The coronavirus pandemic has prompted investors to dump riskier assets and build up their biggest cash stockpiles since the September 2001 terror attacks, according to a closely watched poll.
The average amount of cash held by investors jumped to 5.9 per cent of assets under management in April, the latest Bank of America fund manager survey showed. That is up from 5.1 per cent at the last reading in March, and well above a 10-year average of 4.6 per cent.
The US Federal Reserve has tried to ease nerves through a range of interventions in bond markets and the offer of an extra $2.3tn in credit for small businesses and municipalities. Such actions have helped to steady stock markets while giving a lift to various classes of fixed-income assets.
But investors have headed for safer ground as widespread lockdowns shut large parts of the global economy to contain the coronavirus outbreak, which has infected more than 1.9m people worldwide and killed more than 120,000.
“Cash and the US dollar have been ‘safe havens’,” said Michael Hartnett, chief investment strategist at BofA Global Research, who authored the report. “Investors were slow to realise the Fed had put out the inferno in investment-grade credit and commercial paper markets so hoarded cash in recent weeks.”
A sell-off in equities saw the S&P 500 benchmark tumble 34 per cent in late February and March, retreating from all-time highs. It has since rallied 23 per cent, however, as a slowdown in the spread of the virus coupled with unprecedented fiscal and monetary stimulus fuelled optimism among investors.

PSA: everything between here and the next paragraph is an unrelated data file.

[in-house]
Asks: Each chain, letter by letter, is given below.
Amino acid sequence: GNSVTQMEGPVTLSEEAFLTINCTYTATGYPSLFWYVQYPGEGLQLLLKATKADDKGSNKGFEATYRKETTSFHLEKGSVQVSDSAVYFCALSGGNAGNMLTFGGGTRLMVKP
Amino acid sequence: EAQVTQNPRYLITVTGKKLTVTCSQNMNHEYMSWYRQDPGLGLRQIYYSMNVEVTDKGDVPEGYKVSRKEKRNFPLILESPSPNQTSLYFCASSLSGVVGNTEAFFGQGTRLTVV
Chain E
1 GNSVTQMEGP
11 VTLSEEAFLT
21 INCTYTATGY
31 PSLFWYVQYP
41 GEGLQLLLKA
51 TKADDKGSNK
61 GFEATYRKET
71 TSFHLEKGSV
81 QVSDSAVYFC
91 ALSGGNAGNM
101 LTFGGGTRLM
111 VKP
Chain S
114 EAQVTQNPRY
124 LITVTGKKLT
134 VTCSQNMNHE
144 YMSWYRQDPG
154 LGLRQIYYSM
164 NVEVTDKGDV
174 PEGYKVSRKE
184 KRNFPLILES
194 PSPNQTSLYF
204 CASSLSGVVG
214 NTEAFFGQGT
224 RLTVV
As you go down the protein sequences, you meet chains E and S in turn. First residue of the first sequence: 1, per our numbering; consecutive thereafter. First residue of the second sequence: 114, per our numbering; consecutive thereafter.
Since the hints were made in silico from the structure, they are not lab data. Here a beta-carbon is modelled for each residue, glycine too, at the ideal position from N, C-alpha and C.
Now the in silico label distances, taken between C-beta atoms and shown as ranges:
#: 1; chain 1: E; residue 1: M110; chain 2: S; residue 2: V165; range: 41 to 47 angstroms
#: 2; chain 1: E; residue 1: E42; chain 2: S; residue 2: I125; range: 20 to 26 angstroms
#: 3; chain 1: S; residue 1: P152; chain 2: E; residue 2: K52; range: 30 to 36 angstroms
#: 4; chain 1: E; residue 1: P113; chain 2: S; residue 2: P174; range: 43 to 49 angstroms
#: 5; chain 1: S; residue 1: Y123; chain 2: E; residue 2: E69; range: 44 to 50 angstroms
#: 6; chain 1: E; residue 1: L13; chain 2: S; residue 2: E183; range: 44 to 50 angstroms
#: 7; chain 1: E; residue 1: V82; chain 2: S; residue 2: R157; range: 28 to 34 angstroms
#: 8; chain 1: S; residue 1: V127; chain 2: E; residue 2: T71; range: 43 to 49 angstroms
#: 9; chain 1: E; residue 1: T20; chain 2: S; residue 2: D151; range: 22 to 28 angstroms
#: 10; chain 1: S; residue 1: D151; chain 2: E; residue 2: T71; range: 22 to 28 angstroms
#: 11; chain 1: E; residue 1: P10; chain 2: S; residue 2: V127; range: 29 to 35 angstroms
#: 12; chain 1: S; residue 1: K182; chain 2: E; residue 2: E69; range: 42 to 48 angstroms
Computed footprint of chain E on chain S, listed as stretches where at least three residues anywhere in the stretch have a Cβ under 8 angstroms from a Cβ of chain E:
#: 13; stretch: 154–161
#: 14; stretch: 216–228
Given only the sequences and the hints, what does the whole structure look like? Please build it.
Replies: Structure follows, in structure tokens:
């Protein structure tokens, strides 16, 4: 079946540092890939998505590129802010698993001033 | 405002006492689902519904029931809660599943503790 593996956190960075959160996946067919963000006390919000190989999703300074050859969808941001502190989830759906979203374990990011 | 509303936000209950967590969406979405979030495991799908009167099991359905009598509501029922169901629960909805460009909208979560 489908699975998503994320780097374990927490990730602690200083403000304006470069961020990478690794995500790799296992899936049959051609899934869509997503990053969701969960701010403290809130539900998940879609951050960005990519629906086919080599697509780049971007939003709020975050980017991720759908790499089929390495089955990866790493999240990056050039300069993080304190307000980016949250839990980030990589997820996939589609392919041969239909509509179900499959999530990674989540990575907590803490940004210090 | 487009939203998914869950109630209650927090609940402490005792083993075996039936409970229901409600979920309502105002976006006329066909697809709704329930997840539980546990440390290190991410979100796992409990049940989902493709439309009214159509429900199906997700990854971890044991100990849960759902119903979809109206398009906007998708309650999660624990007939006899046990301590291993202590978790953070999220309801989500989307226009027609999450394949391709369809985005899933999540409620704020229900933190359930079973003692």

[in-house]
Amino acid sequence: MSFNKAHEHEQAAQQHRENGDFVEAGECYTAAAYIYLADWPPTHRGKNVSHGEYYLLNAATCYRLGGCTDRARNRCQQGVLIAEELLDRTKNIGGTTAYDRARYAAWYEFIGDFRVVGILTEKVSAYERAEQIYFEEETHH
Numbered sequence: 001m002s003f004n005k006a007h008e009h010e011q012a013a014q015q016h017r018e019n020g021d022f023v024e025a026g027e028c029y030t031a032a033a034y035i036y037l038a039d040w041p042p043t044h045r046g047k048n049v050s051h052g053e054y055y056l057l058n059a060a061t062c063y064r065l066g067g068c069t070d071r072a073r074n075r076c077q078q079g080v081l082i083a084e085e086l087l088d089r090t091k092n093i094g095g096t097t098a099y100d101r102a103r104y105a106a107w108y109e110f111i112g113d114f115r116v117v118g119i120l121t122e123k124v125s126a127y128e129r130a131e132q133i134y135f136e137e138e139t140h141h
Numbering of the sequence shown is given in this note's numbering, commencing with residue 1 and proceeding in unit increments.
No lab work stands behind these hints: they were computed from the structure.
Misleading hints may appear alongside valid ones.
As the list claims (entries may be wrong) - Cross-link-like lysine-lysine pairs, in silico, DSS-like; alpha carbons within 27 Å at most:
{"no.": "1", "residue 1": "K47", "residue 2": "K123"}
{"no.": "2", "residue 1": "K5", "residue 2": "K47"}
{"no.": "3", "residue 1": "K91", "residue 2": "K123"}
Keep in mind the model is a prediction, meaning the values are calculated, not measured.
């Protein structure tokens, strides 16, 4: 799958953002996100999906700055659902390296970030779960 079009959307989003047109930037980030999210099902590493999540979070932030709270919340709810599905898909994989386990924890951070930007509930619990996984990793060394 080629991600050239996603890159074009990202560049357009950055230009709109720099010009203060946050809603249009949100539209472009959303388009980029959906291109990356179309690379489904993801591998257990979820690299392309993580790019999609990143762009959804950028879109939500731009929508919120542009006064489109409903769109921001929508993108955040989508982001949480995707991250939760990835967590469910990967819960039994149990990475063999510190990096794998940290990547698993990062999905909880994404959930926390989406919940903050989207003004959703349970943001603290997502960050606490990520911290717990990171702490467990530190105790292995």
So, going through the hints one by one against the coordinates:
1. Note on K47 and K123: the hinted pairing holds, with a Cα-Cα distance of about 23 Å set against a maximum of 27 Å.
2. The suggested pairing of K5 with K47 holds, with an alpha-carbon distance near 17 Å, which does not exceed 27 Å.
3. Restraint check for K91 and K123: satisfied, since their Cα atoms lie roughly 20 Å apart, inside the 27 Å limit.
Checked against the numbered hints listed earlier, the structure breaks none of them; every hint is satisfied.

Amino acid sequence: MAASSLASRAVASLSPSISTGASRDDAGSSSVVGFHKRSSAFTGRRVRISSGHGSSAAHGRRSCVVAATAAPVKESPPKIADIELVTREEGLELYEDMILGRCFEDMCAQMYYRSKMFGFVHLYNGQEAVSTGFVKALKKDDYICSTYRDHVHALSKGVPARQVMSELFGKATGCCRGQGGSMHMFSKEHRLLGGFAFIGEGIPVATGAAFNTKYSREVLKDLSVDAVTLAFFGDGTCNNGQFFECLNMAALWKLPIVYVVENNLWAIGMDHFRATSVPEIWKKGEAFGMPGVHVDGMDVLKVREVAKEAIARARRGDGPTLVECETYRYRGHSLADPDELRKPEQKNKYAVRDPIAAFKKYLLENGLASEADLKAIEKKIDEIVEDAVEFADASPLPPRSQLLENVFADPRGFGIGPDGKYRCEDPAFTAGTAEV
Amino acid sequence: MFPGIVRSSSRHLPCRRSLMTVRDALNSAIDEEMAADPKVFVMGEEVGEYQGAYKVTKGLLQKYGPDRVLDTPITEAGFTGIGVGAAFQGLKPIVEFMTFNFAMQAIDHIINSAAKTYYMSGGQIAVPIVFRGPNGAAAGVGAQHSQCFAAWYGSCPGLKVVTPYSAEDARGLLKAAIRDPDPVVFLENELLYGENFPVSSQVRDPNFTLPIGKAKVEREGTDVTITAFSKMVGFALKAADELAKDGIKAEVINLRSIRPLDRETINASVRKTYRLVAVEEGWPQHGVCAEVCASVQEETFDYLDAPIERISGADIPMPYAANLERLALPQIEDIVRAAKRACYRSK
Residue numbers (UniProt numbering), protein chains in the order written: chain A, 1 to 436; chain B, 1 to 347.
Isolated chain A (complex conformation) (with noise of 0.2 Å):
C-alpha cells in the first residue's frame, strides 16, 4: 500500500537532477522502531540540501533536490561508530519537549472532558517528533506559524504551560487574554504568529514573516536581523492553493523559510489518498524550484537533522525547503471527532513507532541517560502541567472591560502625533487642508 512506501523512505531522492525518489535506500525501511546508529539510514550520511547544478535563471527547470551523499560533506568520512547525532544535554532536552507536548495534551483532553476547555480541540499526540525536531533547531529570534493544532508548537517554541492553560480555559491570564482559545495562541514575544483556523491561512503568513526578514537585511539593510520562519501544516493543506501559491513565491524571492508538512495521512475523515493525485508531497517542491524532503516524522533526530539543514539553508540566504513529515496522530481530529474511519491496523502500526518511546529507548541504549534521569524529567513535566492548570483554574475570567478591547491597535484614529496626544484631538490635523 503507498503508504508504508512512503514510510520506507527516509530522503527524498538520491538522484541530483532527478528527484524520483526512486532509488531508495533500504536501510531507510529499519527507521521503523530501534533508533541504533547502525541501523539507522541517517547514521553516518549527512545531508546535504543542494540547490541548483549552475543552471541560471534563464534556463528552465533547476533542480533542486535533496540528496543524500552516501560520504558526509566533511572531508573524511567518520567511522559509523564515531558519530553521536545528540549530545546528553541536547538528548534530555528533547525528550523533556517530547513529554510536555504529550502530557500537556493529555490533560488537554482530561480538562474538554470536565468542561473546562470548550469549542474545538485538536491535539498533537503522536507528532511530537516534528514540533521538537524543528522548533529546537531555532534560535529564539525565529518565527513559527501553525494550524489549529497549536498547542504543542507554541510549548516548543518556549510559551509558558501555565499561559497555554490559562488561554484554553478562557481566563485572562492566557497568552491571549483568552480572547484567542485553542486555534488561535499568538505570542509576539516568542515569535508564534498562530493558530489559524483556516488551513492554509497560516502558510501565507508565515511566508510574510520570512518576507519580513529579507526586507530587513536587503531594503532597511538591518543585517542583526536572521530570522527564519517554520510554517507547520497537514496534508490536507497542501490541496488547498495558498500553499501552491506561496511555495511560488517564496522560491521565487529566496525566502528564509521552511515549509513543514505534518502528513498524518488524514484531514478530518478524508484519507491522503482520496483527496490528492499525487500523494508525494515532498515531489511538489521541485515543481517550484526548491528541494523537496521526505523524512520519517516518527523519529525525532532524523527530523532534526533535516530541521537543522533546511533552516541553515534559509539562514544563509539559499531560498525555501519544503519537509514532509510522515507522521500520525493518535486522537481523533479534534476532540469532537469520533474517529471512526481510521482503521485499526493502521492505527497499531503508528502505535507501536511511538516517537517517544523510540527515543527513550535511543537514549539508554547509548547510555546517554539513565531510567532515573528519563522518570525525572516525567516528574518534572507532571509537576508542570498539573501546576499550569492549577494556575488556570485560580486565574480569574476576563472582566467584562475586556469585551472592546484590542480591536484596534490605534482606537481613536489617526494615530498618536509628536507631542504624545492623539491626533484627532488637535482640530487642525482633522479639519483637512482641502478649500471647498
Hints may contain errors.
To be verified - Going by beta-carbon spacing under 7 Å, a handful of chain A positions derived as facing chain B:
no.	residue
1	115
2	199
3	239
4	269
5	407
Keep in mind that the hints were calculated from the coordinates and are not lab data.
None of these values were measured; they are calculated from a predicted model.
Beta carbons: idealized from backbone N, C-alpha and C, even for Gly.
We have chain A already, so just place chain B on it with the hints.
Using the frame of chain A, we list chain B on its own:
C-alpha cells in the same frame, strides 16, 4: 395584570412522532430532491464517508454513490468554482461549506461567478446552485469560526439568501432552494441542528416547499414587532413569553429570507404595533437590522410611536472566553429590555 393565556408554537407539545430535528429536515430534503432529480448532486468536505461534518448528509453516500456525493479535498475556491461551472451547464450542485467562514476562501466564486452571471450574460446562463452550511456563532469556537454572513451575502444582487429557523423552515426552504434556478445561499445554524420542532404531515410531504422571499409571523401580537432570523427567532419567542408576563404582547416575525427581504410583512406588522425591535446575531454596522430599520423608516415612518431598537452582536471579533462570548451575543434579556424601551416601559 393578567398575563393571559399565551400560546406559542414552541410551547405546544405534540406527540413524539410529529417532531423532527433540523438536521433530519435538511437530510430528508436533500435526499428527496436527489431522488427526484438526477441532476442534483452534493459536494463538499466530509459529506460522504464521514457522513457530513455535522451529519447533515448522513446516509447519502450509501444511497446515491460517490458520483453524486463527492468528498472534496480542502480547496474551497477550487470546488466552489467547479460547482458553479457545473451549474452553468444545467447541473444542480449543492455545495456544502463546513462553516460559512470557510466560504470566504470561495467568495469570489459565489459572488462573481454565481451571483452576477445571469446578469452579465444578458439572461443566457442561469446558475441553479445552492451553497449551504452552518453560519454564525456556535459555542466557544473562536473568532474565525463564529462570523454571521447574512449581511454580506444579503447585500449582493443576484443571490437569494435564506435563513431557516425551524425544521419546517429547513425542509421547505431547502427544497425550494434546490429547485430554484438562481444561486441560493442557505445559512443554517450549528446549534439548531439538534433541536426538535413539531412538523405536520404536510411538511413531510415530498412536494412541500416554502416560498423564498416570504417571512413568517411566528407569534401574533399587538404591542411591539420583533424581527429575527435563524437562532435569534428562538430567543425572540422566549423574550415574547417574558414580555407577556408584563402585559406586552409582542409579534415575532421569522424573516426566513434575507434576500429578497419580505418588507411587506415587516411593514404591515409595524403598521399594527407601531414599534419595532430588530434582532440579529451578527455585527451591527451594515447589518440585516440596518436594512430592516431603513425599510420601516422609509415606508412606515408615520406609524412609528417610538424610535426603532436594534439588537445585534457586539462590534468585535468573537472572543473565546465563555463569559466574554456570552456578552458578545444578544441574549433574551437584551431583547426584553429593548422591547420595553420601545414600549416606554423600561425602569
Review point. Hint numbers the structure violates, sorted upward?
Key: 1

BofA analysts expect April to mark “peak pessimism”, with cash balances receding next month.
However, the vast majority of the fund managers polled — 93 per cent — believe there will be a recession in the next 12 months. This is higher than the previous peak when 86 per cent predicted a recession during the 2008-09 financial crisis.
Only a small minority of respondents said they expected a rapid recovery, with just 15 per cent of fund managers saying they expect a V-shaped rebound. More than half — 52 per cent — expect the recovery from the viral outbreak to be U-shaped, implying a period of close-to-zero growth.
Mr Hartnett noted that while credit markets have seen rapid recoveries over the past few weeks, economic forecasts have not done likewise because virus curves have flattened only modestly, unemployment has jumped and weaker corporate earnings have not yet materialised.
The S&P’s bounce from late March has left it about 18 per cent off its record highs, but many analysts expect the recovery to be shortlived, as stimulus efforts fall short of sustaining the US economy in the face of another wave of coronavirus infections.
The poll covered 207 managers with a combined $597bn in assets under management.